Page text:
Global long-term sovereign Sukuk issuance is set to drop to $73 billion in 2022 and $75 billion in 2023, from $88 billion in 2021, including issuance by multilateral development banks, Moody’s Investors Service said in a report today.
“We expect issuance to fall as government deficits continue to narrow because of higher oil prices, lower coronavirus-related expenditure and accelerating economic activity in core Sukuk-issuing countries,” said Alexander Perjessy, VP-Senior Analyst at Moody’s. “Issuance volumes already dropped 22% in 2021, with the largest decline from the Gulf Cooperation Council (GCC) sovereigns, mainly Saudi Arabia.”
Malaysia, Indonesia and Turkey – will decline to $92 billion in 2022 from $118 billion in 2021 and $194 billion in 2020. The aggregate fiscal positions of the GCC sovereigns, excluding Kuwait, will improve to a surplus of $50 billion in 2022 from a surplus of $13 billion in 2021 and a deficit of $112 billion in 2020. These projections are based on the 2022 average oil price assumption of $75/barrel, the report noted.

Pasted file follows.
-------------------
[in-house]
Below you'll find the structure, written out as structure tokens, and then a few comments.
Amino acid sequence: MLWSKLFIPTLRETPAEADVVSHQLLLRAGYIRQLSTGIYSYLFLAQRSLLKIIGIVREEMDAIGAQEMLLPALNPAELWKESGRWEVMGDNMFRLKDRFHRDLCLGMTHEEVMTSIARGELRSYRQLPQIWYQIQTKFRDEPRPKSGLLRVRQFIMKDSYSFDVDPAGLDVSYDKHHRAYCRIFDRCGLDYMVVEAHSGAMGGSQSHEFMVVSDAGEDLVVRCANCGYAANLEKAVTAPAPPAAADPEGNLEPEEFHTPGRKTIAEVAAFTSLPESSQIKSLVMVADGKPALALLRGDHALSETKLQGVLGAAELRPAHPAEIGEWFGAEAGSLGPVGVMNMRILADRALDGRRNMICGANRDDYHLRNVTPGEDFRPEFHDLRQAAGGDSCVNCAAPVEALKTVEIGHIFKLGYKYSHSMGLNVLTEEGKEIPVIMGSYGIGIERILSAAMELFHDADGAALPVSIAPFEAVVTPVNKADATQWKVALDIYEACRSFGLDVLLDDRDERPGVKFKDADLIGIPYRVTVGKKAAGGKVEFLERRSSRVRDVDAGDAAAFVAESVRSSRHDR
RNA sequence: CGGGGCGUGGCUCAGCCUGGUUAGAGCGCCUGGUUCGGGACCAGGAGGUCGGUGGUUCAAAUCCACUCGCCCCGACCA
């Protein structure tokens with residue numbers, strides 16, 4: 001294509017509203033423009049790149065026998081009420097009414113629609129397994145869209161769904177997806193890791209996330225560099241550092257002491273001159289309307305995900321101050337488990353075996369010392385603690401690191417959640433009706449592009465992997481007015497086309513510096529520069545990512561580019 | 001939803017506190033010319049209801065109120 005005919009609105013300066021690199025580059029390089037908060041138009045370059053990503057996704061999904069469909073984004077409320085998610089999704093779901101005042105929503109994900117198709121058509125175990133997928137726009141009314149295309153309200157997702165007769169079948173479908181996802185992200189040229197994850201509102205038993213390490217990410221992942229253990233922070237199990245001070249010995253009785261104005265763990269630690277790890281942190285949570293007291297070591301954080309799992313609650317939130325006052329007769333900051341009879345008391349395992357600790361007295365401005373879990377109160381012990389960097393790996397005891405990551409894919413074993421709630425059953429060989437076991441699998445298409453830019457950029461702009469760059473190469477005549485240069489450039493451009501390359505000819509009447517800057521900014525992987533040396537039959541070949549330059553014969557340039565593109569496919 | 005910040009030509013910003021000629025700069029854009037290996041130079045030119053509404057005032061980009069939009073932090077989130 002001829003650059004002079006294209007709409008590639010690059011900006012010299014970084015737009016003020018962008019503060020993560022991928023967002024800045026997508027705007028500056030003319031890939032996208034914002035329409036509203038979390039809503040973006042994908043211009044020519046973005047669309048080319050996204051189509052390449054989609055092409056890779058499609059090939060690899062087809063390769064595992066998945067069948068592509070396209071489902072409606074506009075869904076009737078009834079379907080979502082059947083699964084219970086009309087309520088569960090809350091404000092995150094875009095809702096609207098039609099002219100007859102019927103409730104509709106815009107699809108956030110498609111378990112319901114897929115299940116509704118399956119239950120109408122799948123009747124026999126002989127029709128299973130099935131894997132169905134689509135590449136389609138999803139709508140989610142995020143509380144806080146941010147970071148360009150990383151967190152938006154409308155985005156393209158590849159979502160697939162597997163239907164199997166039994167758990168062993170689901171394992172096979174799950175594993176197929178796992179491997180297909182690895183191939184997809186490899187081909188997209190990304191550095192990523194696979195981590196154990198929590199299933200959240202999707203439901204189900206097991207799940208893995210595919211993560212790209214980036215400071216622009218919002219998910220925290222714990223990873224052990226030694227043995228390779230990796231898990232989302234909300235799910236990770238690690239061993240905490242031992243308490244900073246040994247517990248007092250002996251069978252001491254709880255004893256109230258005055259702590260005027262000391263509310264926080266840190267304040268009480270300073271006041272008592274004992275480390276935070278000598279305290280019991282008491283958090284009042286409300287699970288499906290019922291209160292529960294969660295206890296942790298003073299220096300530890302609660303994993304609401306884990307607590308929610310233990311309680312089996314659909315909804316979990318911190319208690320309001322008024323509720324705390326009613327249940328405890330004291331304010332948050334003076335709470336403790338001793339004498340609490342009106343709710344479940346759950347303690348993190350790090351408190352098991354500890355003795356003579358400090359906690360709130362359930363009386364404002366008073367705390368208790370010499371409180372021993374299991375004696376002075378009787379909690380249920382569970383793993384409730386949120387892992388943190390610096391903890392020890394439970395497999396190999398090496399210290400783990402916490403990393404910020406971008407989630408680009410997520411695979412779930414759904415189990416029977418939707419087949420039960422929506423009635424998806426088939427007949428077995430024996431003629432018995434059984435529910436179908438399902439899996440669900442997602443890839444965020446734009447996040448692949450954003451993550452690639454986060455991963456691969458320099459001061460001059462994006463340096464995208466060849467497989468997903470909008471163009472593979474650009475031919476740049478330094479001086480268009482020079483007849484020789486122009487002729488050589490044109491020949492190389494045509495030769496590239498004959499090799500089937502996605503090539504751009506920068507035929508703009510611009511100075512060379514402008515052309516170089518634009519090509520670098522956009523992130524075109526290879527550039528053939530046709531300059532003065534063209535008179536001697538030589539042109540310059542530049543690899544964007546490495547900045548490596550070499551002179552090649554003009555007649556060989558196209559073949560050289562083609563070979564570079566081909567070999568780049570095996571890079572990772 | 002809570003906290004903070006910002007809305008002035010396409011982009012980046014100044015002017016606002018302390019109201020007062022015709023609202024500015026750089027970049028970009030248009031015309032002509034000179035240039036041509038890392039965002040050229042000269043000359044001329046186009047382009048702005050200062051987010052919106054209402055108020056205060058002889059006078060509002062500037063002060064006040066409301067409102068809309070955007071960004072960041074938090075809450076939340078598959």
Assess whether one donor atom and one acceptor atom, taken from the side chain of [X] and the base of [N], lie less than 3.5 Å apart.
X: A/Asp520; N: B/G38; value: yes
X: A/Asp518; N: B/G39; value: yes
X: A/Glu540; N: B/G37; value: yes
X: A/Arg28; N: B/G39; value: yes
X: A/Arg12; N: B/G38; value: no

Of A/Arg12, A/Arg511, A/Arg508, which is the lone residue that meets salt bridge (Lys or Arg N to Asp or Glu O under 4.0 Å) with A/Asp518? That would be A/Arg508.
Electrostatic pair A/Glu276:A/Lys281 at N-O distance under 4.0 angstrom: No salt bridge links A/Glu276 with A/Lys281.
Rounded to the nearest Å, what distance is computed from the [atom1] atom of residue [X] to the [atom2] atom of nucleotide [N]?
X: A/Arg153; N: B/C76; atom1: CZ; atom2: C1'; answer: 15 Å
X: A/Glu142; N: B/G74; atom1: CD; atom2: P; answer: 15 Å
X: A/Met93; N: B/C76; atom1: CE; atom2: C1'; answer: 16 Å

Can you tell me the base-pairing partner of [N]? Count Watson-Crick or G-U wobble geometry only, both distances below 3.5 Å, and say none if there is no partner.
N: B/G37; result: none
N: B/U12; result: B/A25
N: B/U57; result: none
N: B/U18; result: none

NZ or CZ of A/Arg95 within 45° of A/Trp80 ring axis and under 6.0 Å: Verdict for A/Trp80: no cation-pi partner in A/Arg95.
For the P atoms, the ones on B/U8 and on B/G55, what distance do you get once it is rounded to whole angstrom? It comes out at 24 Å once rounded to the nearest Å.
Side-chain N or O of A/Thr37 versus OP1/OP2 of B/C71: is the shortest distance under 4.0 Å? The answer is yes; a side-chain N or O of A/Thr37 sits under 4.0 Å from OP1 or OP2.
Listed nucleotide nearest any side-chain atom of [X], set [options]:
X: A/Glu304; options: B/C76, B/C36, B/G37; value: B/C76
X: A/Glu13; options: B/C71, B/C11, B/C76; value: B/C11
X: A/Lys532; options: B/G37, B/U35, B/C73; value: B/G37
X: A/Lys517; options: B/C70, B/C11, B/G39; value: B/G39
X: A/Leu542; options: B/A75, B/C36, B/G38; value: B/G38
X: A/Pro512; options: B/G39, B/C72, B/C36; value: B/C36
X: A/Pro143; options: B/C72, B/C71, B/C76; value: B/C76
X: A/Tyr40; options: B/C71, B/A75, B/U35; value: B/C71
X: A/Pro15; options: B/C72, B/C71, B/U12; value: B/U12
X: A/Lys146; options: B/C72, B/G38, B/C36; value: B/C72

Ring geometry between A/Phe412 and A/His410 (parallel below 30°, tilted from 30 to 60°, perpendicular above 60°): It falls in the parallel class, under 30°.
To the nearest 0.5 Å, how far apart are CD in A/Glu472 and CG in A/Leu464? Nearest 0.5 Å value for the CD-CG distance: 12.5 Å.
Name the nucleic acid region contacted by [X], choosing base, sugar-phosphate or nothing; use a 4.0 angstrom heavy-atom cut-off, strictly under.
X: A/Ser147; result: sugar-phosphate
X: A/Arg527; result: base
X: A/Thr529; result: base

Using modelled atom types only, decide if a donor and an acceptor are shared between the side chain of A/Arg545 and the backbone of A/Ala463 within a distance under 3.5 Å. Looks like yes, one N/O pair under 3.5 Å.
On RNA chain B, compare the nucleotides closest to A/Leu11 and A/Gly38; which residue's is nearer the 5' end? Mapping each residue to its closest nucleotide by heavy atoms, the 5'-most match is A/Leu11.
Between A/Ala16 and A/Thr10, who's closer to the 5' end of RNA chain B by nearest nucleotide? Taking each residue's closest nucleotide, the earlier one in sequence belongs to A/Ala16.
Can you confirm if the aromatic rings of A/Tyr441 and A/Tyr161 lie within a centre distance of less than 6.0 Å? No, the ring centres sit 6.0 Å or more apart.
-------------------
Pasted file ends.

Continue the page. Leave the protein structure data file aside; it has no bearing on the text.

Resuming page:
The report is of the view that the new entrants into the sovereign Sukuk market present a small upside risk to its issuance projections. The potential passage of Kuwait’s new public debt law and Egypt’s recent approval of the Sovereign Sukuk Law will support these countries’ sovereign Sukuk issuances in the medium term.